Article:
2. Handbooks. Parents should have a copy of the school policies clearly outlined. Having handbooks in languages appropriate for the families (or even on audiotape) helps to reduce misunderstandings, such as when a child is too sick to be at school and why.
3. Family bulletin board. Teachers can use bulletin boards to post pictures of what occurred at school that day. Other examples include displays with photos of all children and their families or perhaps displays that also include teachers and their families.
4. Notes. Notes from the teacher may be formal or informal. Why not send artwork home with captions, child’s words, or other information that give context to the piece?
Embracing Differences among Families
When the teacher and parents share the same culture, there is a greater chance of understanding the nuances of a situation and understanding the significance of unspoken interactions with parent and child. Thus the interactions with the child in the classroom contain less of the potential threat of misunderstanding or misinterpretation (Lightfoot, 1978). Many of the basic goals of parenting are common across all cultures and classes, with differences only in emphasis or the means of attaining these goals (Caruso and Fawcett, 1986).
Many teachers are female, white, and middle class, while many of their students are not. This reality may or may not provide schools and teachers with additional challenges to overcome in finding common ground on which to base relationships. This section will give three suggestions for early childhood teachers: 1) Realize diversity is an issue worthy of attention; 2) Ask the parents for help; and 3) Develop appropriate curriculum.
Realize Diversity Is an Issue Worthy of Attention
Classroom populations are becoming more diverse. Hildebrand, Phenice, Gary, & Hines (2000) show that there has been a steady increase by major ethnic and racial groups (they document the increase among Blacks, Hispanics, and Asians) in the last twenty years.
As Gonzalez-Mena notes, “Culture is learned very early, and early childhood theoreticians and practitioners can’t afford to ignore this fact” (p. 9). Thus, the importance of Slavin’s recommendations to educators (1997) regarding dealing with inequities is significant. He advocates that children begin learning about different cultures as early as possible, and that their teachers remember that all the children come to school with promise.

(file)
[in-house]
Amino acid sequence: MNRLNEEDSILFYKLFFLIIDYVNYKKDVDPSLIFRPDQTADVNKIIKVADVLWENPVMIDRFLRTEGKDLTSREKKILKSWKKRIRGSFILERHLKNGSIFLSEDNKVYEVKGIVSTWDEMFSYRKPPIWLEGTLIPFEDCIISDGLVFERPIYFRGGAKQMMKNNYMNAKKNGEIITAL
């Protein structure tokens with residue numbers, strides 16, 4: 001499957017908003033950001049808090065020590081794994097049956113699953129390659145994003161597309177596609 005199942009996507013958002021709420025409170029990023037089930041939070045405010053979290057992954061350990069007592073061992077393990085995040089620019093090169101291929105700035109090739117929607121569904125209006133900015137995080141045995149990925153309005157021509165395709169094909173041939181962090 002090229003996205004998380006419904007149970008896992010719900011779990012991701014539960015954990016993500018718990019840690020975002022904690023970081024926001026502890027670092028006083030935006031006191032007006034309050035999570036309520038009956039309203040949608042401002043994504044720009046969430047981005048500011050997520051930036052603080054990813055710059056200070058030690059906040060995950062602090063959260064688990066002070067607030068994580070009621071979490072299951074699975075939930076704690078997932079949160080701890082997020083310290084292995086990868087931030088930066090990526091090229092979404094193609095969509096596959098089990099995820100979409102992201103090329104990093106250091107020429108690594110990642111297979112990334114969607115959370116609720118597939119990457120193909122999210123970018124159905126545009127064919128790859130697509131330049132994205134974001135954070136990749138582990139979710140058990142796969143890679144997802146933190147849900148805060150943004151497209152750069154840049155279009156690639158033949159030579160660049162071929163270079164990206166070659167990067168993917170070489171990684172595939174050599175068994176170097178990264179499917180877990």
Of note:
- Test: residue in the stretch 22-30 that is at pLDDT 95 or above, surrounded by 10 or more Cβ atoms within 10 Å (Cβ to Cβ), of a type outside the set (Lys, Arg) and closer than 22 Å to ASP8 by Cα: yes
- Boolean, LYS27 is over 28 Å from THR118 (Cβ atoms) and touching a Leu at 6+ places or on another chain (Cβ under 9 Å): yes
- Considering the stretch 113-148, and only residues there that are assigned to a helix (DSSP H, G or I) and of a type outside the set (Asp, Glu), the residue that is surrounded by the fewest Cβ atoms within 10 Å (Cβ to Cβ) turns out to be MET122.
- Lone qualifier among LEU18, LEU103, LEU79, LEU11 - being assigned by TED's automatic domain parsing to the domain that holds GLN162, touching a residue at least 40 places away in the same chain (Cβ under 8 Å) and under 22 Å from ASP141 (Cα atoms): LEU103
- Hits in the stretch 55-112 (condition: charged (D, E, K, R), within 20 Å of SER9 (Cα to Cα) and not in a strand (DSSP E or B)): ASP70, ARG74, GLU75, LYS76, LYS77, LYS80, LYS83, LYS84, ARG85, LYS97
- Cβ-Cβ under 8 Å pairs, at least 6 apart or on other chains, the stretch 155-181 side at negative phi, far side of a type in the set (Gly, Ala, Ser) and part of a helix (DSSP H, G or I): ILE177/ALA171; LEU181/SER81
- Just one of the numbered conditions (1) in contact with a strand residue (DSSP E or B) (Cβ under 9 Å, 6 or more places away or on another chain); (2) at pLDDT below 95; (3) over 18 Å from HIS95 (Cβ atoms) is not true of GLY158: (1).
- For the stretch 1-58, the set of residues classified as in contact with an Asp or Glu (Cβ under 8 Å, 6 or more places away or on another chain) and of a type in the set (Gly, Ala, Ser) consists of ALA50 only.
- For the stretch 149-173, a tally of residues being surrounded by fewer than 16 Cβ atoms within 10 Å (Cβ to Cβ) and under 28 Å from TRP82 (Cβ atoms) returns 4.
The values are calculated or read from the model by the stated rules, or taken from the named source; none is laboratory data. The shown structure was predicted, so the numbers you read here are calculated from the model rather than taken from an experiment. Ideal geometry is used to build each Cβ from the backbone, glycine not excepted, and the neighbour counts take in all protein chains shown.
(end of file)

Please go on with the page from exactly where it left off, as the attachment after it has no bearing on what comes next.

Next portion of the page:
Ask Parents for Help
Caruso and Fawcett (1986) stress the efforts of parents as valuable resources. Parents can share their own cultural heritage with children or with staff in a variety of ways, and can also be involved in helping to solve problems stemming from differences. Multicultural education helps children, parents, and teachers learn.
Teachers that have families in their classroom that differ in culture and ethnicity, and who speak a second language, need to view these differences as beneficial in that they help teach children about diversity. As Scherer (1999) states, the fact that schools today mirror the world, a multicultural, multiethnic world, children will live in as adults, should give us hope for erasing inequities. Parents can help teachers construct “stronger mirrors.”
Develop Appropriate Curriculum
Pictures and posters displayed on the walls (often with Caucasian features) in “traditional outfits” do not teach children about cultural and ethnic differences. These displays don’t accurately portray the diverse populations in the classroom or in our society. We must address Janet Gonzalez-Mena’s (2000) question “What does it do to people who are different from me to have those differences ignored?”(p. 8)
For example, in the writing area, it is common for teachers to post pictures of houses or houses drawn by the teachers, themselves, for inspiration. Most often the houses are the “traditional” type, with a square body, triangular roof, a few windows, and a chimney on top. How does this picture of a house include children that are homeless, live in apartments, or live in shelters? Drawing houses is a fine activity, but the activity could be extended to being more inclusive of differences. Welihousen (1996) shows how teachers may obtain background information about children’s homes and build a social studies unit that helps children understand that there is no one right place to live.
Family-teacher relationships are vital for the optimal care of children. They help strengthen adult’s knowledge, build children’s emotional health, and provide more support systems for children. Successfully building positive relationships with parents requires that teachers take note of barriers and utilize a variety of communication techniques to overcome them. It is through communication that acceptance of others occurs. We advocate that teachers need to make a paradigm switch from seeing families as annoying (or even obstacles) to seeing them as partners in the education of their children. As teachers welcome families and their experiences into the classroom, it becomes a richer place for everyone.
Amy Sussna Klein, Ph.D., is president of ASK Education Consulting. She can be reached by email atAskeducation@cs.com.
Marian Miller, M.Ed.,is a faculty member at Lesley College.